“I started radiotherapy in August. They also gave me some chemo but it made me really poorly, so I had to stop it,” said Sophie.

“I went back for a scan a few weeks ago. That showed that it hasn’t grown again, so that’s really good news. I now go back for scans every three months.”

As a result of the tumour, she has developed sixth nerve palsy - a complication that affects her eyes, causing the double vision.

To help counteract it, she wears special prism glasses, which appear hazy on one side.

Aside from that she is managing without a wheelchair, thanks to the radiotherapy blitzing the tumour - situated at the back of her head, at the top of the neck.

Sophie knows the treatment won’t last forever, and she’ll need more treatment in future, but she isn’t dwelling on that.

Instead she is enjoying feeling well enough to be able to enjoy life with her family.

“I feel great. I’m just determined to live life to the full,” she said.

“Too many people take life for granted. They waste time. It’s only when something like this happens that you realise how important life is.

“My message is what are you waiting for? Seize the moment. I’ve got cancer, but nobody knows what’s round the corner.”

Sophie is also full of praise for the Eden Valley Hospice in Carlisle, where she attends the day hospice every Tuesday.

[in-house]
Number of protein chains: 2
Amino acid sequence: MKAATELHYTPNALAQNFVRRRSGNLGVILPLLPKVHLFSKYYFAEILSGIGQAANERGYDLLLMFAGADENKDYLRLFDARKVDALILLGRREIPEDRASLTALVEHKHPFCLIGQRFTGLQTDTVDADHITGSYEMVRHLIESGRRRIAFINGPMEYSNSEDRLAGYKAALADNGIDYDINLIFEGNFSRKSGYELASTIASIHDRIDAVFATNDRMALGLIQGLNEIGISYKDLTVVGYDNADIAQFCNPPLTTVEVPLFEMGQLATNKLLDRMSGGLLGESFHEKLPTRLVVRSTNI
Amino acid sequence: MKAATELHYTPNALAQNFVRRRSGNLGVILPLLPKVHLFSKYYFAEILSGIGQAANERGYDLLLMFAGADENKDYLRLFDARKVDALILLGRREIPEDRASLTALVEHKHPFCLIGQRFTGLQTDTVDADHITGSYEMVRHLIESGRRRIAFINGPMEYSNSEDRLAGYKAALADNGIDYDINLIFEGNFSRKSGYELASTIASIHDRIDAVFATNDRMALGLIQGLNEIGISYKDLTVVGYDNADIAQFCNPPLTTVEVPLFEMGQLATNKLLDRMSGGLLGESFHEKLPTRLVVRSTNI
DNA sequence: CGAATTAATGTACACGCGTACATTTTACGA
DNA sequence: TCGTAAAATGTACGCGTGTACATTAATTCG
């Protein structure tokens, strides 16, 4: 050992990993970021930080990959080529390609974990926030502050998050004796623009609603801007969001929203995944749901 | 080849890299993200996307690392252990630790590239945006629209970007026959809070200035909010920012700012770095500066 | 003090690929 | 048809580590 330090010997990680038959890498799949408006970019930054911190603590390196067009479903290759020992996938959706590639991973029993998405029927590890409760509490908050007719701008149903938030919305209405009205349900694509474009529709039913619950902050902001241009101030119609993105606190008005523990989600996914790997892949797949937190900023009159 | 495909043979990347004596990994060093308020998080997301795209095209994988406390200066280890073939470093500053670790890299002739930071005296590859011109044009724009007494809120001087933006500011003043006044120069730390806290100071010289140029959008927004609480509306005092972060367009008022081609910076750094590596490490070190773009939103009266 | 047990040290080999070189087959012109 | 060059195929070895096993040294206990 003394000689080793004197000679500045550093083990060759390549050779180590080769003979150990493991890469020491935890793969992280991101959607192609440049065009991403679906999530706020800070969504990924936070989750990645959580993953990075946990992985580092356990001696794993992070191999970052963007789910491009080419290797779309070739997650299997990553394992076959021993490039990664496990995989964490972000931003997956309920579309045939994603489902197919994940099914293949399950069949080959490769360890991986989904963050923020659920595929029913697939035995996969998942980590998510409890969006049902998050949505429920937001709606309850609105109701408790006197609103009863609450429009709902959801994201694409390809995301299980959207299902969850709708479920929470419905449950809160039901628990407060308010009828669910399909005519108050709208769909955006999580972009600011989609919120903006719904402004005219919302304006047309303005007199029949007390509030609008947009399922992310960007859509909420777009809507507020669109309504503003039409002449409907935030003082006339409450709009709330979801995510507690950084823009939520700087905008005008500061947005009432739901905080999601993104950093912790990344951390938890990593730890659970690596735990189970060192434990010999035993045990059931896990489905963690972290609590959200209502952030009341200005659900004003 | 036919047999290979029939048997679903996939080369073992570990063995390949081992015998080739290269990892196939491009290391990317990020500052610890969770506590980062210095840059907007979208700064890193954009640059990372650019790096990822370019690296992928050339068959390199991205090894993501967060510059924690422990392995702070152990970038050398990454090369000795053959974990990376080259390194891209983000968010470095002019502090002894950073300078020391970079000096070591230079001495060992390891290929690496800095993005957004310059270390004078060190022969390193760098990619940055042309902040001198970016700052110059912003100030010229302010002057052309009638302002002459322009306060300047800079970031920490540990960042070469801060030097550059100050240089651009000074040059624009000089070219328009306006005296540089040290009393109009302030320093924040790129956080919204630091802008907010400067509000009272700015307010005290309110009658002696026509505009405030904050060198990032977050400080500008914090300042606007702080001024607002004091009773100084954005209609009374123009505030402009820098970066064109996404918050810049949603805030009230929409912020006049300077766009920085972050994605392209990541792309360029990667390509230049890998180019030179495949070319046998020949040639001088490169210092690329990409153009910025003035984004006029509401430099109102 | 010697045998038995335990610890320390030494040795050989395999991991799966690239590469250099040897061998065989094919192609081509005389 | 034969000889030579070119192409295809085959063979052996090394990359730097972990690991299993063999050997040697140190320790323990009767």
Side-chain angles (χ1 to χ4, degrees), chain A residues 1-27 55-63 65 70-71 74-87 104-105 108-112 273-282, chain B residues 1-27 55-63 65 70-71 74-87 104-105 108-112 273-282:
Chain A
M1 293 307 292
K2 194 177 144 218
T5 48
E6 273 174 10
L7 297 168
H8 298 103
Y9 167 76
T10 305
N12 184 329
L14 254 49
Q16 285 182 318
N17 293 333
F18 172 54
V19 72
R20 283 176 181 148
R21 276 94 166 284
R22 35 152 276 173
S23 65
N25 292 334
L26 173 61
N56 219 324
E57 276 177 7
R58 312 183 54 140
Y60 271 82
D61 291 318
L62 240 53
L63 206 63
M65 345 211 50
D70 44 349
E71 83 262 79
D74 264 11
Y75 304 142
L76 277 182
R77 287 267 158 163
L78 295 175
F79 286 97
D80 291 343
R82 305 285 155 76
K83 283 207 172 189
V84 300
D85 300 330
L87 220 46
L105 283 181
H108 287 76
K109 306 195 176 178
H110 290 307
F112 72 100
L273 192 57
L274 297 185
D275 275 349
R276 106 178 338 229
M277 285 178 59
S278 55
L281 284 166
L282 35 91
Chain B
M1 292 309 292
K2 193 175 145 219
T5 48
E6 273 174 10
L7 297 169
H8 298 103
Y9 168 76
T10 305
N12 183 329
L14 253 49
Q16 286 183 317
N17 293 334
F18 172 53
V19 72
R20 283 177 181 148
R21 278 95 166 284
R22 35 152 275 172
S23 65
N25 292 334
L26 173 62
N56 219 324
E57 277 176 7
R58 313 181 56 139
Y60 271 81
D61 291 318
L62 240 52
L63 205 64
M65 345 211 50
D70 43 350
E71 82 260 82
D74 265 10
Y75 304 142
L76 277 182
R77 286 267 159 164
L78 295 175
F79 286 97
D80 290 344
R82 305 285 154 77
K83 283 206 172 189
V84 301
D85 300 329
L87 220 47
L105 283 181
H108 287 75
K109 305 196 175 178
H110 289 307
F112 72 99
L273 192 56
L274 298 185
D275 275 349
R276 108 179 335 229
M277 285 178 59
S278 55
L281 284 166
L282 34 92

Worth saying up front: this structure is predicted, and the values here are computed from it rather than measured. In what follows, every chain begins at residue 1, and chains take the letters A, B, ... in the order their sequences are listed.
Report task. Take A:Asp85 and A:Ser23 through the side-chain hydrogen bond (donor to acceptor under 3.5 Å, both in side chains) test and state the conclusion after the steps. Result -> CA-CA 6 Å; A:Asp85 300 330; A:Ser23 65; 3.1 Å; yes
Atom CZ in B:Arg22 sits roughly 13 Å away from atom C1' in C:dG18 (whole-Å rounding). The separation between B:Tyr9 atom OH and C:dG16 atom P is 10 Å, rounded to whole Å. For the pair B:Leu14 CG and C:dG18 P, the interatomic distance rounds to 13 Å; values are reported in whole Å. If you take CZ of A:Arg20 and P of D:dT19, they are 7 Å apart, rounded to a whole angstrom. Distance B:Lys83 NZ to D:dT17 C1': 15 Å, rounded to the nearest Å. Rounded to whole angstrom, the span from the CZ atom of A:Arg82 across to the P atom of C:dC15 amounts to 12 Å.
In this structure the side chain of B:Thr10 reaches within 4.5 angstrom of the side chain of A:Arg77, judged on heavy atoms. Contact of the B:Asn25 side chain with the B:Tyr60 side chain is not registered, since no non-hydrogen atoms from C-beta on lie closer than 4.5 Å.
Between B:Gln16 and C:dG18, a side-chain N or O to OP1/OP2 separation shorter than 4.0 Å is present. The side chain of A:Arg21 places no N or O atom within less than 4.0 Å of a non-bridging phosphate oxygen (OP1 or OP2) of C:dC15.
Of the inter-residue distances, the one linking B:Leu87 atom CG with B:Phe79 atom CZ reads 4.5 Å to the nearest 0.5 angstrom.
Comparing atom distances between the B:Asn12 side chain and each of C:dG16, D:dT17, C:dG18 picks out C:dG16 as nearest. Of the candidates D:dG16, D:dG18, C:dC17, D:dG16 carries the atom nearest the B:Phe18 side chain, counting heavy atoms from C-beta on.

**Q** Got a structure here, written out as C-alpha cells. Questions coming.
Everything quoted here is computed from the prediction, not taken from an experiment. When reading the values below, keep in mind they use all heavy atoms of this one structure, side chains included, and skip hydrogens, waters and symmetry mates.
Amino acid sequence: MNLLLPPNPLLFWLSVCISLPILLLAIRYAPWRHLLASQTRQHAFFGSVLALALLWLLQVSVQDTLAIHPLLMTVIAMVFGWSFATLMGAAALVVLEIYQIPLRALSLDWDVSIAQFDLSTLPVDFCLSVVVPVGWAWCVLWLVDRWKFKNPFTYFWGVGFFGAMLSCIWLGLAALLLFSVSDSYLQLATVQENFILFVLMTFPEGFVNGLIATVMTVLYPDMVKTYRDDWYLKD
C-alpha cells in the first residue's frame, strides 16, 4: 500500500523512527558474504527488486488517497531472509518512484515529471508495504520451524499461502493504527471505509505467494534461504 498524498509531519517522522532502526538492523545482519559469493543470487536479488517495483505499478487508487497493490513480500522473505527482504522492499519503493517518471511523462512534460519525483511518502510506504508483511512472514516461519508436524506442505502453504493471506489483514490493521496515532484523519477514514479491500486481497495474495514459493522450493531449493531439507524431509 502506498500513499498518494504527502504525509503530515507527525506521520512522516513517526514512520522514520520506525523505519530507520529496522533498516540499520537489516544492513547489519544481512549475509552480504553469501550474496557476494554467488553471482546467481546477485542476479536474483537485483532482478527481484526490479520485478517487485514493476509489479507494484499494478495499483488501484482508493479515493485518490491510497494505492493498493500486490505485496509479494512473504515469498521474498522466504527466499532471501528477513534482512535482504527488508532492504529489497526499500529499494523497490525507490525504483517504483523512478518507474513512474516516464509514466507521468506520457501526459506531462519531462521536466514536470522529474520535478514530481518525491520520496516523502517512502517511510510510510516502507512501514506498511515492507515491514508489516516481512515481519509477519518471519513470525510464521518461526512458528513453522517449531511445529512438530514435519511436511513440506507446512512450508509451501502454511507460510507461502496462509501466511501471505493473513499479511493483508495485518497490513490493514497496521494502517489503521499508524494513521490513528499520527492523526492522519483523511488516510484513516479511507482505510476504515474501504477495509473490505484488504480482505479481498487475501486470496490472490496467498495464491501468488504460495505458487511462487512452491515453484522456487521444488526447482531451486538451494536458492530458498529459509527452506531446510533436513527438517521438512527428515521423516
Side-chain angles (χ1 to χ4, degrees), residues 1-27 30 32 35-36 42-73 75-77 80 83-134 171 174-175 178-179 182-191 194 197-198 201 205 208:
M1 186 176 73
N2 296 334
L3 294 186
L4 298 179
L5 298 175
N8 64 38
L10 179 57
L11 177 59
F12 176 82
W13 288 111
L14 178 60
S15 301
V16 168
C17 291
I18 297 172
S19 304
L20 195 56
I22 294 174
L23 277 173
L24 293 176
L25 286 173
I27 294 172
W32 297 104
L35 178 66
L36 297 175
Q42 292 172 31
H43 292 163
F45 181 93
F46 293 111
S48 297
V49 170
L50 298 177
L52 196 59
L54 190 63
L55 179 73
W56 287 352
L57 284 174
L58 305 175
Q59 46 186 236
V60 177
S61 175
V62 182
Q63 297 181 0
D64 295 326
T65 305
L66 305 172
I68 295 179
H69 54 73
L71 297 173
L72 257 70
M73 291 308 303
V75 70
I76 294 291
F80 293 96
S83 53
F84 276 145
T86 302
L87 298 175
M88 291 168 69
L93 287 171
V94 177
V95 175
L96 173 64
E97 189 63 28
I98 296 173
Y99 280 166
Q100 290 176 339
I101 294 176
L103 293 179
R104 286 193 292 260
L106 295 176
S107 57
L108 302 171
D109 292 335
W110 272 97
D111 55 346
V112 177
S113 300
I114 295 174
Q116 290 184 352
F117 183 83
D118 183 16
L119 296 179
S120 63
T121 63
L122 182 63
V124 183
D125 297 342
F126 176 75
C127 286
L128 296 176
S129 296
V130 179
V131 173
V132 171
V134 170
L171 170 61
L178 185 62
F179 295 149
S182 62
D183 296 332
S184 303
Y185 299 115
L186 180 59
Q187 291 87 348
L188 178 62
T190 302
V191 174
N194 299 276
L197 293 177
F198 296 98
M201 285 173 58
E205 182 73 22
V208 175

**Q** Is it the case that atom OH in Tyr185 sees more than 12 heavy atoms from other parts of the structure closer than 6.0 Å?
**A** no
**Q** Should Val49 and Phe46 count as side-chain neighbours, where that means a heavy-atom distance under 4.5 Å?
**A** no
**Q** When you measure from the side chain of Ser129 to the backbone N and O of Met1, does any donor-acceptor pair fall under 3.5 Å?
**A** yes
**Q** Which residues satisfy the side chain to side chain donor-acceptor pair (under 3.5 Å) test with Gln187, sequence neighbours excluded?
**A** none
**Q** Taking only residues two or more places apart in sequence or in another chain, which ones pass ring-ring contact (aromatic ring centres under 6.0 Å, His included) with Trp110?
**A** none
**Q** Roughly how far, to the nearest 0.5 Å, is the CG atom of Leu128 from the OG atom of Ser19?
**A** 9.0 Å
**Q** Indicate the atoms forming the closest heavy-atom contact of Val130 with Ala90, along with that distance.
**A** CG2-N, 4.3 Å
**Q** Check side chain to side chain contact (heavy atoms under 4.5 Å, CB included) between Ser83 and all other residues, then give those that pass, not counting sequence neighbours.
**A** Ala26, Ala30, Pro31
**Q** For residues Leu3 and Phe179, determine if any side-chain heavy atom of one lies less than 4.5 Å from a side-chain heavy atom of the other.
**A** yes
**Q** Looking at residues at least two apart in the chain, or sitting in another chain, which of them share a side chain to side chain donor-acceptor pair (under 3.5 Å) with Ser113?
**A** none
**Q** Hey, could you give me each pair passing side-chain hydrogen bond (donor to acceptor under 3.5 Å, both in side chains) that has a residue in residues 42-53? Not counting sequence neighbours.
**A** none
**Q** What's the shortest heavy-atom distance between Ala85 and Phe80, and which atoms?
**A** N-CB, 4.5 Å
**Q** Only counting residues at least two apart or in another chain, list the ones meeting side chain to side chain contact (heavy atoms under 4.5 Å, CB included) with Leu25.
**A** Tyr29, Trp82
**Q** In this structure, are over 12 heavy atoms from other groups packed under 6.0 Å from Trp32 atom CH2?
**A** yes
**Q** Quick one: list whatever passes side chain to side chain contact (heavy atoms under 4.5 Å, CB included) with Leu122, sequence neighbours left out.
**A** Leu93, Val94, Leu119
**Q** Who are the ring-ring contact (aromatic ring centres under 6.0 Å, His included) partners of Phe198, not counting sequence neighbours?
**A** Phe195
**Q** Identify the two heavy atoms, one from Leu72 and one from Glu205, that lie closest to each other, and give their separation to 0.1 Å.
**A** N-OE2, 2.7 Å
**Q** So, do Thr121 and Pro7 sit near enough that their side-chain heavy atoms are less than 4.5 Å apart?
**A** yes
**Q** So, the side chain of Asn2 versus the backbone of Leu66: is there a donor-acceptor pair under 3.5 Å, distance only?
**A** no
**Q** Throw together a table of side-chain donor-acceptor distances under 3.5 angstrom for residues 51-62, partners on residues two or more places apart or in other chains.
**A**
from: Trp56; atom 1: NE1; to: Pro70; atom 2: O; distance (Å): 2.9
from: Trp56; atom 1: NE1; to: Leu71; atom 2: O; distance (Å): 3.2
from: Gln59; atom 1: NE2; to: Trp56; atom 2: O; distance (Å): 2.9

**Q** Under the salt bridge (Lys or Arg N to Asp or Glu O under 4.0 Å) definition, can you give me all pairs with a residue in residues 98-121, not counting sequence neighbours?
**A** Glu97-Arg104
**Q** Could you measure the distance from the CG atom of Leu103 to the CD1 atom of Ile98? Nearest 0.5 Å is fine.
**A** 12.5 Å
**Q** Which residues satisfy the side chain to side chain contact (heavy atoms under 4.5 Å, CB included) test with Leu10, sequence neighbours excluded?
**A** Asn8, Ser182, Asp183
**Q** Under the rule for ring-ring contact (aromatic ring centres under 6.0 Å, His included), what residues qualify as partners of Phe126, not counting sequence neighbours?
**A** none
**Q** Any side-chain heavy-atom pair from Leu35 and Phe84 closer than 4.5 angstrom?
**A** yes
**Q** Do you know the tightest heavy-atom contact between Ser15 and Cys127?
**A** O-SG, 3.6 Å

“It’s strange that I used to be a volunteer there. My mum is transport coordinator at the hospice, so I started volunteering at the day hospice,” she explained.

“I did that for about a year before I was diagnosed. Now I come every week as a patient.”

She wants to change people’s perceptions of the hospice, and encourage more younger people to come along to the sessions.

“It’s such a brilliant place. I love coming,” said Sophie.

“People think it will be morbid, that everyone is dying. It’s really not like that.

“The people are lovely and there’s lots to do. It has made a huge difference to me.

“When I was going to Newcastle for radiotherapy every day, I had something to focus on. When that stopped I felt a bit lost.

“But now I go to the day hospice every week. It gives me something to look forward to.”

Sophie has made some close friends through the hospice, and wants others in her age bracket to know support is out there.

“There are quite a few younger people who go on a Tuesday. I’m the youngest, but I can’t be the only 25-year-old with cancer in Carlisle,” she said.

She said the sessions are different every week but she enjoys taking part in quizzes, crafts and generally just chatting to people in a similar situation.

“It’s great from a social perspective, but there is also a doctor there every week and nursing staff, who I can speak to if I’ve got any health issues,” she added.

Sophie said the hospice also provides support to her family, including her daughters.

“They are coming in next month to make kiss cards, where I put lipstick on and kiss cards that they then laminate. That way they’ve always got my kisses. It’s little things like that which mean a lot,” she said.

n In tomorrow’s News & Star: Meet Sophie’s fellow day hospice patients and the team providing them with vital support.